In the Japanese version of the third, the Grandmaster specifically uses the phrase ‘outward’ when describing Loewe’s spirit leaving Zemuria. If this phrasing means as it hints, then that means souls leave the Zemurian system to the beyond upon death. For this to happen, some pathway needs to open up within the barrier which closes once the spirit has moved to the other side. This explains why reviving the dead is nearly impossible even with the combined powers of fire and earth–Sept-Terrions’ can only influence the Zemurian environment. However, if the hole is big enough i.e. a lot of death happens in one location (death sites) or a substantial spiritual being such as a Holy Beast (Argres) dies then creatures from outside can come in. Remember that McBurn’s arrival, the Salt Pale, and Epstein’s death (who is said to have become unshackled) all happened around the same time. Using my earlier hypothesis that the Sept-Terrion is outside Zemuria, I’m going to postulate that the Genesis Orbments work by taking advantage of this rift to connect to the Sept of Time.
Based on the long trailer for Kuro 2, it’s clear that the genesis have some ability to mess with time, and in hindsight, many of their abilities demonstrated in Kuro could be construed as time-related. Ghouls could be humans whose time has been stopped at or just before their death, but lacking souls turning them into feral creatures. Both Grendel and Mare as well as the entirety of chapter 4 could be possible future technology being manifested in the past. We already have hints that Zecht Arms is developing shard technology remarkably similar to Grendel and MTSC is pursuing advanced AI technology with the hollow core system. Both the first and seventh genesis could literally create a stopped time world. Even Taikun’s genesis could be interpreted as transferring the memories and spirit of the past Taikun to the present. Melchior’s statement in chapter 1 and then Hamilton’s in 4 implies that the Genesis might not actually have any power of their own. Like the Gospels for the Aureole, they must tap into something else which should be the Sept of Time.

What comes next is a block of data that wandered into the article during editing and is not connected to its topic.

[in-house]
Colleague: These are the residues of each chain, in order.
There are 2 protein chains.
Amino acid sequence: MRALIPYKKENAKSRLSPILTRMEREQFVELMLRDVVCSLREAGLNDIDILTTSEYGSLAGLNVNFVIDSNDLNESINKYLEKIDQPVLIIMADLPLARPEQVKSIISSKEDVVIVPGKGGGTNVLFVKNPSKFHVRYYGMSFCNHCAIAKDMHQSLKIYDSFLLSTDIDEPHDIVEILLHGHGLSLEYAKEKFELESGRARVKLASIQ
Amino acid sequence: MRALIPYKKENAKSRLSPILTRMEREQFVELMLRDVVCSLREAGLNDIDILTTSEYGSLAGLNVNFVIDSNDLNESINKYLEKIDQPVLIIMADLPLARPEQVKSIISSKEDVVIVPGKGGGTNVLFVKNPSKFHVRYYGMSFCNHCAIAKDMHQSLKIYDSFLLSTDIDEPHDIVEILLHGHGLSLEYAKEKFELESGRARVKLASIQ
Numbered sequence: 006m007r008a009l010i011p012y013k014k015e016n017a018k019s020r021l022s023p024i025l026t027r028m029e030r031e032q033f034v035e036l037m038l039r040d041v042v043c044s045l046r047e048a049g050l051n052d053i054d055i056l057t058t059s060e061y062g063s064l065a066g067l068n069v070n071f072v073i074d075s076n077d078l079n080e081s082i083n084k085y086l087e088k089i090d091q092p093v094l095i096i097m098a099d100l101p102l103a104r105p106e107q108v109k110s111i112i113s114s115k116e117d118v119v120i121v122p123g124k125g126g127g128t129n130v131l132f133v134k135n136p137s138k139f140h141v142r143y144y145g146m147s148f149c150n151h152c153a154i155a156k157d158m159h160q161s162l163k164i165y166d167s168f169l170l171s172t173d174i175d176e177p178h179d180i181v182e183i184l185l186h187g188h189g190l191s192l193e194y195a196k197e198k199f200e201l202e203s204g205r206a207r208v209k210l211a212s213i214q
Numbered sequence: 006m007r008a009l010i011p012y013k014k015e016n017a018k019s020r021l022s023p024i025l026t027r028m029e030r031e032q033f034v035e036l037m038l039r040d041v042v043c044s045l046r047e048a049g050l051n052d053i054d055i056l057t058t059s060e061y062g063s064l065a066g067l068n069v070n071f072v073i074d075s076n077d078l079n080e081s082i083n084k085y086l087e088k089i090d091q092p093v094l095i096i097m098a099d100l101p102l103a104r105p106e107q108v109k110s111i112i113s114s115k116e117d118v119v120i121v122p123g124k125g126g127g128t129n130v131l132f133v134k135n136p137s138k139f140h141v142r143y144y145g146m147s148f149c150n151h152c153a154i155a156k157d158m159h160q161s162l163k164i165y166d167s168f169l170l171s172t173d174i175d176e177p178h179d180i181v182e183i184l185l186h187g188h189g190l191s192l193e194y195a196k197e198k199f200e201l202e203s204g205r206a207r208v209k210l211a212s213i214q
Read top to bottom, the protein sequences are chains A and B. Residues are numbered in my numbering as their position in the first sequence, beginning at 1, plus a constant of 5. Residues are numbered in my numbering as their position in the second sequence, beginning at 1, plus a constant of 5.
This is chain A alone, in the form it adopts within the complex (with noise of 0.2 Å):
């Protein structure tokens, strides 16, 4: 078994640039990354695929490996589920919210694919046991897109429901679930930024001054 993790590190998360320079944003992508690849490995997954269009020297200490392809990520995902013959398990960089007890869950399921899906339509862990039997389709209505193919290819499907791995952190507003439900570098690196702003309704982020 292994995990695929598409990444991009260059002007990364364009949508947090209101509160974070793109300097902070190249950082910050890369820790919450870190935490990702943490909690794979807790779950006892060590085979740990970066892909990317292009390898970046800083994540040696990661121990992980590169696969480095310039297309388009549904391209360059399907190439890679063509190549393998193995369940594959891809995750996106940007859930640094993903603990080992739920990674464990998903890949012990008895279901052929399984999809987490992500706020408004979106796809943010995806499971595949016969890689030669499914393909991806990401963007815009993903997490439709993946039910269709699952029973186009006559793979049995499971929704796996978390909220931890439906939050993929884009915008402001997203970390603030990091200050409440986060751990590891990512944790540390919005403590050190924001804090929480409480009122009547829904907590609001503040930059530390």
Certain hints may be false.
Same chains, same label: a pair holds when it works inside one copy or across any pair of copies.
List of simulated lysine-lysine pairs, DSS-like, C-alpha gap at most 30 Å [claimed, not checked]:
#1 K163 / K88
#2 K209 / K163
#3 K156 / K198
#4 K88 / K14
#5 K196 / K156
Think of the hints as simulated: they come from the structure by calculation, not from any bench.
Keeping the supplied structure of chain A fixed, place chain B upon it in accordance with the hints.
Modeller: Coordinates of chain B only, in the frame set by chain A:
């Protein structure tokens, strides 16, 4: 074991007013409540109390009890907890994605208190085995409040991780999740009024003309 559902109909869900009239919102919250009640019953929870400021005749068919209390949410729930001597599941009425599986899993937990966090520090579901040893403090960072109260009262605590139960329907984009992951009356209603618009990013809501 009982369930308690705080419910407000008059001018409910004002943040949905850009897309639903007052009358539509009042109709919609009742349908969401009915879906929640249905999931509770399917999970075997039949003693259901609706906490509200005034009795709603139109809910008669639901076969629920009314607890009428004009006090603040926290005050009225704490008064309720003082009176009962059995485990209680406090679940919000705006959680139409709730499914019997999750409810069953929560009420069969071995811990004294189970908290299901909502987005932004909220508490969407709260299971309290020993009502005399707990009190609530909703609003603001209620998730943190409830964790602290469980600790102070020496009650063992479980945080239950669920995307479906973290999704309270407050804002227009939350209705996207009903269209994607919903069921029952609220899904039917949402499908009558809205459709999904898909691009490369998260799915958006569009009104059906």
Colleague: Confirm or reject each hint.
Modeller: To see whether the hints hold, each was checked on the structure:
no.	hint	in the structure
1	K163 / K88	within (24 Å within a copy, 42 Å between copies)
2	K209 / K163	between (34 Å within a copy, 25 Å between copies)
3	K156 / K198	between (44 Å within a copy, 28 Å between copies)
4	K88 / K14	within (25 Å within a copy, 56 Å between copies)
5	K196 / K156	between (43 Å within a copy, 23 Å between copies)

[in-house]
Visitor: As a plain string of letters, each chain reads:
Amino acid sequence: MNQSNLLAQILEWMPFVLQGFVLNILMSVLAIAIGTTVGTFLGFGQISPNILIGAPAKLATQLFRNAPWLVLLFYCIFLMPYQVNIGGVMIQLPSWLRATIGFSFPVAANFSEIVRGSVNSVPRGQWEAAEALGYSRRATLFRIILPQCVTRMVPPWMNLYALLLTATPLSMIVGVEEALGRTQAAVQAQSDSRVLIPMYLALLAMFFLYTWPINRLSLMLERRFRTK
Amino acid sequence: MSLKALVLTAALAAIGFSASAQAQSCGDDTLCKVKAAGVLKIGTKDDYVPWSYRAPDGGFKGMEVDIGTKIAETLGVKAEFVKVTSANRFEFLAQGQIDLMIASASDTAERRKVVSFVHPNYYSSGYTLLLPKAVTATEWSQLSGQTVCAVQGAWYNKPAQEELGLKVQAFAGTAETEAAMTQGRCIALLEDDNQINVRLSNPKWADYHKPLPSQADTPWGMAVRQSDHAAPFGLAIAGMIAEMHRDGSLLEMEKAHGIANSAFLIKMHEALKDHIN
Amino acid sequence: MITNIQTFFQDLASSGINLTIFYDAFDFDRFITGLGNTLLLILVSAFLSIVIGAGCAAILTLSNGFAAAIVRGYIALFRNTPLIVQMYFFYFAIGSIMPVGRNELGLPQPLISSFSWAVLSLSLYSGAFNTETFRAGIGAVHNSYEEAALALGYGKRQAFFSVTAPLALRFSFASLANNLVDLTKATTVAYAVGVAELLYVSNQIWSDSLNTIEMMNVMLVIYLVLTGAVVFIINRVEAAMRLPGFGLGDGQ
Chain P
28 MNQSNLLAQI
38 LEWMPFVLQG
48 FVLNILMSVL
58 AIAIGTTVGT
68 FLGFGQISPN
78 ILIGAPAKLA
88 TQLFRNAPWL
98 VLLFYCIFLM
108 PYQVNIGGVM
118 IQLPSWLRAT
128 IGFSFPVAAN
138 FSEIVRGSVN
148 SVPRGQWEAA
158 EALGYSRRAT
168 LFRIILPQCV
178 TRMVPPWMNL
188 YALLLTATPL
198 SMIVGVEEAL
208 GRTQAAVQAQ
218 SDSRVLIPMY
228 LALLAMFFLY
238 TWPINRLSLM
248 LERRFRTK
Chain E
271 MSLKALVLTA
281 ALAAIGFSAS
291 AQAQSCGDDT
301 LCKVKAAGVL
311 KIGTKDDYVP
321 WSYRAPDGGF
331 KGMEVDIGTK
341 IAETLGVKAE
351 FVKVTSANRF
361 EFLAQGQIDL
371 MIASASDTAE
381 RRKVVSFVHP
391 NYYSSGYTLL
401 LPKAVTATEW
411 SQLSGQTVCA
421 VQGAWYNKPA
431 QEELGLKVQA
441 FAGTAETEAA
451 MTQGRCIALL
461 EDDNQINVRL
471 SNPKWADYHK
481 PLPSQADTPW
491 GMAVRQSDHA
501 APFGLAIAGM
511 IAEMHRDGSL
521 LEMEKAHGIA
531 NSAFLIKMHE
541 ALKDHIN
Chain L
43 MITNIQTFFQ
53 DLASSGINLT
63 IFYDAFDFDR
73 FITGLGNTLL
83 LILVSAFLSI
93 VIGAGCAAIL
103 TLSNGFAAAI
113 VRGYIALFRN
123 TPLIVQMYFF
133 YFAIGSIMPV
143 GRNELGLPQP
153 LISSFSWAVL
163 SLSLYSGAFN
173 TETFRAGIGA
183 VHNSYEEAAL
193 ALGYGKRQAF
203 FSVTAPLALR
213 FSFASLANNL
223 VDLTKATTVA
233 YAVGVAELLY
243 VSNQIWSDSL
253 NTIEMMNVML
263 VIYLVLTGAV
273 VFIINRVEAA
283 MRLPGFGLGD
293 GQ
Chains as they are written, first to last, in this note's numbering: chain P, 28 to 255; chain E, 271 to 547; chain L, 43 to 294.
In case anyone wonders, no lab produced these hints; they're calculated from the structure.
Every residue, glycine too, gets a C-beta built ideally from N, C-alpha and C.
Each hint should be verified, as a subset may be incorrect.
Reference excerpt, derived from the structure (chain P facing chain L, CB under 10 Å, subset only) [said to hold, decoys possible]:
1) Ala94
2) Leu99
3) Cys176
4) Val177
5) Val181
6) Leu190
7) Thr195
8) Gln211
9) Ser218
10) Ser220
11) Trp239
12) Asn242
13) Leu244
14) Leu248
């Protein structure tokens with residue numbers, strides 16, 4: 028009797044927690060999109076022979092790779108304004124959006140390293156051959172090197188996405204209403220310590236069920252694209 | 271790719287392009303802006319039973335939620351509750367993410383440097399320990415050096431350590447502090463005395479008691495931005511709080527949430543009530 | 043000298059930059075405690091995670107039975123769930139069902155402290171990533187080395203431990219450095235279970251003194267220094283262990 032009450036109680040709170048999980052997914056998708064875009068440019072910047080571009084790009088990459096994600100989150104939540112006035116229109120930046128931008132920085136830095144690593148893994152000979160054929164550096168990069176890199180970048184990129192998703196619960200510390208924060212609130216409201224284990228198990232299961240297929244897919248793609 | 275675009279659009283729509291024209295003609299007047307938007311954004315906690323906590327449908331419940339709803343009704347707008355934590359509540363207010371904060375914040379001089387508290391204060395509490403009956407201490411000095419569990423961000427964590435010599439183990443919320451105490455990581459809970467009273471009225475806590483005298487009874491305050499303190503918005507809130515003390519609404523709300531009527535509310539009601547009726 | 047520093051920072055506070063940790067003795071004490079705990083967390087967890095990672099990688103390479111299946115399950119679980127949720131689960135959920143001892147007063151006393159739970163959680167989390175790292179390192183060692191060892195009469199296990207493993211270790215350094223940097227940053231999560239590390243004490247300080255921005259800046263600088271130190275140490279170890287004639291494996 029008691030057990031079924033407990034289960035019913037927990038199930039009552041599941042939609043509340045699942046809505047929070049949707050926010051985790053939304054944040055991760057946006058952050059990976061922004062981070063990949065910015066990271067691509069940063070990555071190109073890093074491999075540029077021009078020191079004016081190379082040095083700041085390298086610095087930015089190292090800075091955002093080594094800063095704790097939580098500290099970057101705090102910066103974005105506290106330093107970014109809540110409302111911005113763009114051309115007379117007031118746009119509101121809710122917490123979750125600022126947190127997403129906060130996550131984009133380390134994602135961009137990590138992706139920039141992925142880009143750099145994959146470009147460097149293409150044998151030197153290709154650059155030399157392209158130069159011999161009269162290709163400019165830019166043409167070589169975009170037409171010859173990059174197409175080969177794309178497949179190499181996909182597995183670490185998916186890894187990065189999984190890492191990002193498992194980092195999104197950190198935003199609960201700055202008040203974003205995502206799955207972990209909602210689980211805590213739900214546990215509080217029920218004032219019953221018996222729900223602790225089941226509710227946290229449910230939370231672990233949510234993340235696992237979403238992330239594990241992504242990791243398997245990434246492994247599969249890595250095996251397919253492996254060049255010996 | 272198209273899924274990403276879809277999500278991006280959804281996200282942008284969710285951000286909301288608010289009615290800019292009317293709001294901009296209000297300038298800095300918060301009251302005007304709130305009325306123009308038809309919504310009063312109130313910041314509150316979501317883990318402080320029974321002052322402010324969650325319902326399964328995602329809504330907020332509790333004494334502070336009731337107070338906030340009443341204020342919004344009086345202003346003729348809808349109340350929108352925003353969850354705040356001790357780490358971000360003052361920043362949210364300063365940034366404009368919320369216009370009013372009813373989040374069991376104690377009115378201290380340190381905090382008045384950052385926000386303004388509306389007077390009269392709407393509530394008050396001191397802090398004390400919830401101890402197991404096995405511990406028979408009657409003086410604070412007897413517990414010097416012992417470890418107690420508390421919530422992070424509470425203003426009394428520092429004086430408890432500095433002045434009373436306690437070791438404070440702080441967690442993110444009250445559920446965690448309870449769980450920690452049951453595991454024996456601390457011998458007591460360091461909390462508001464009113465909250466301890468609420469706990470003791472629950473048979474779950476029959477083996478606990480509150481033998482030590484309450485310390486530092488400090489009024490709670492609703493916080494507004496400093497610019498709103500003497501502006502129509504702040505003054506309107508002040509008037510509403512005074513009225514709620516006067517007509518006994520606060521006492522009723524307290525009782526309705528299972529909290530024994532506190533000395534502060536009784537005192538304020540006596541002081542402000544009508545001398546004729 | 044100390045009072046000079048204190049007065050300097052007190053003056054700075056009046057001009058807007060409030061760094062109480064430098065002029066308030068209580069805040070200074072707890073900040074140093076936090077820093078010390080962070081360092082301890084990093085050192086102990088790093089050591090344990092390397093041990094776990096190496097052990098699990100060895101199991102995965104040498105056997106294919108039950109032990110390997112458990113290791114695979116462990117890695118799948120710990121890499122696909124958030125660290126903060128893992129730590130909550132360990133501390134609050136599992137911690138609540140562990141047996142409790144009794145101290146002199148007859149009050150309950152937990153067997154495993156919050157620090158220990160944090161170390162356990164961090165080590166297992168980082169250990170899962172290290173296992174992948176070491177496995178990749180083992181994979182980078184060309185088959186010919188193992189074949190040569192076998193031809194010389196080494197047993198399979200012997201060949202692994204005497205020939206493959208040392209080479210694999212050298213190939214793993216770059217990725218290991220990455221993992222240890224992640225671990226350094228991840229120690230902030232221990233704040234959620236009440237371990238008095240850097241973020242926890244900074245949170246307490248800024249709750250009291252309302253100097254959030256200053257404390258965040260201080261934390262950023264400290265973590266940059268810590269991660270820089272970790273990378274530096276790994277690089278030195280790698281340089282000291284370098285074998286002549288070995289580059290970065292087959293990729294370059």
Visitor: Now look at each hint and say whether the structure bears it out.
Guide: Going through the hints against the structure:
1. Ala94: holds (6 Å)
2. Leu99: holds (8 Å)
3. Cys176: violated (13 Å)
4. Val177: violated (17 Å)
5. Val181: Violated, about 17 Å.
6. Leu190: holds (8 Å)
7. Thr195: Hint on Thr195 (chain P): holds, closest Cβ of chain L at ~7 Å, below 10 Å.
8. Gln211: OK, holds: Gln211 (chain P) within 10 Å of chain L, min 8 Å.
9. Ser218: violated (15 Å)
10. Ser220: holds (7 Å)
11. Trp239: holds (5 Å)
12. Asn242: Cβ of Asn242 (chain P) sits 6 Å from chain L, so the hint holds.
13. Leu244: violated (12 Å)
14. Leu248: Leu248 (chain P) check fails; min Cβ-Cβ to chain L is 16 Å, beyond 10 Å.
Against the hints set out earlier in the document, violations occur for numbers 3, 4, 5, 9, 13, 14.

Because the Sept of Time is currently outside Zemuria, there first needs to be a connection to the genesis which requires a sufficient rift in the barrier. The more substantial effect you want, the bigger the rift you need. Turning people into ghouls, very efficient, you just use the target as the sacrifice. Making an underground death game with an omnipresent rule keeper, apparently requires nuking a small village. Since this a simple gateway, Van can tap into it to transform into Grendel whenever the other Genesis are active.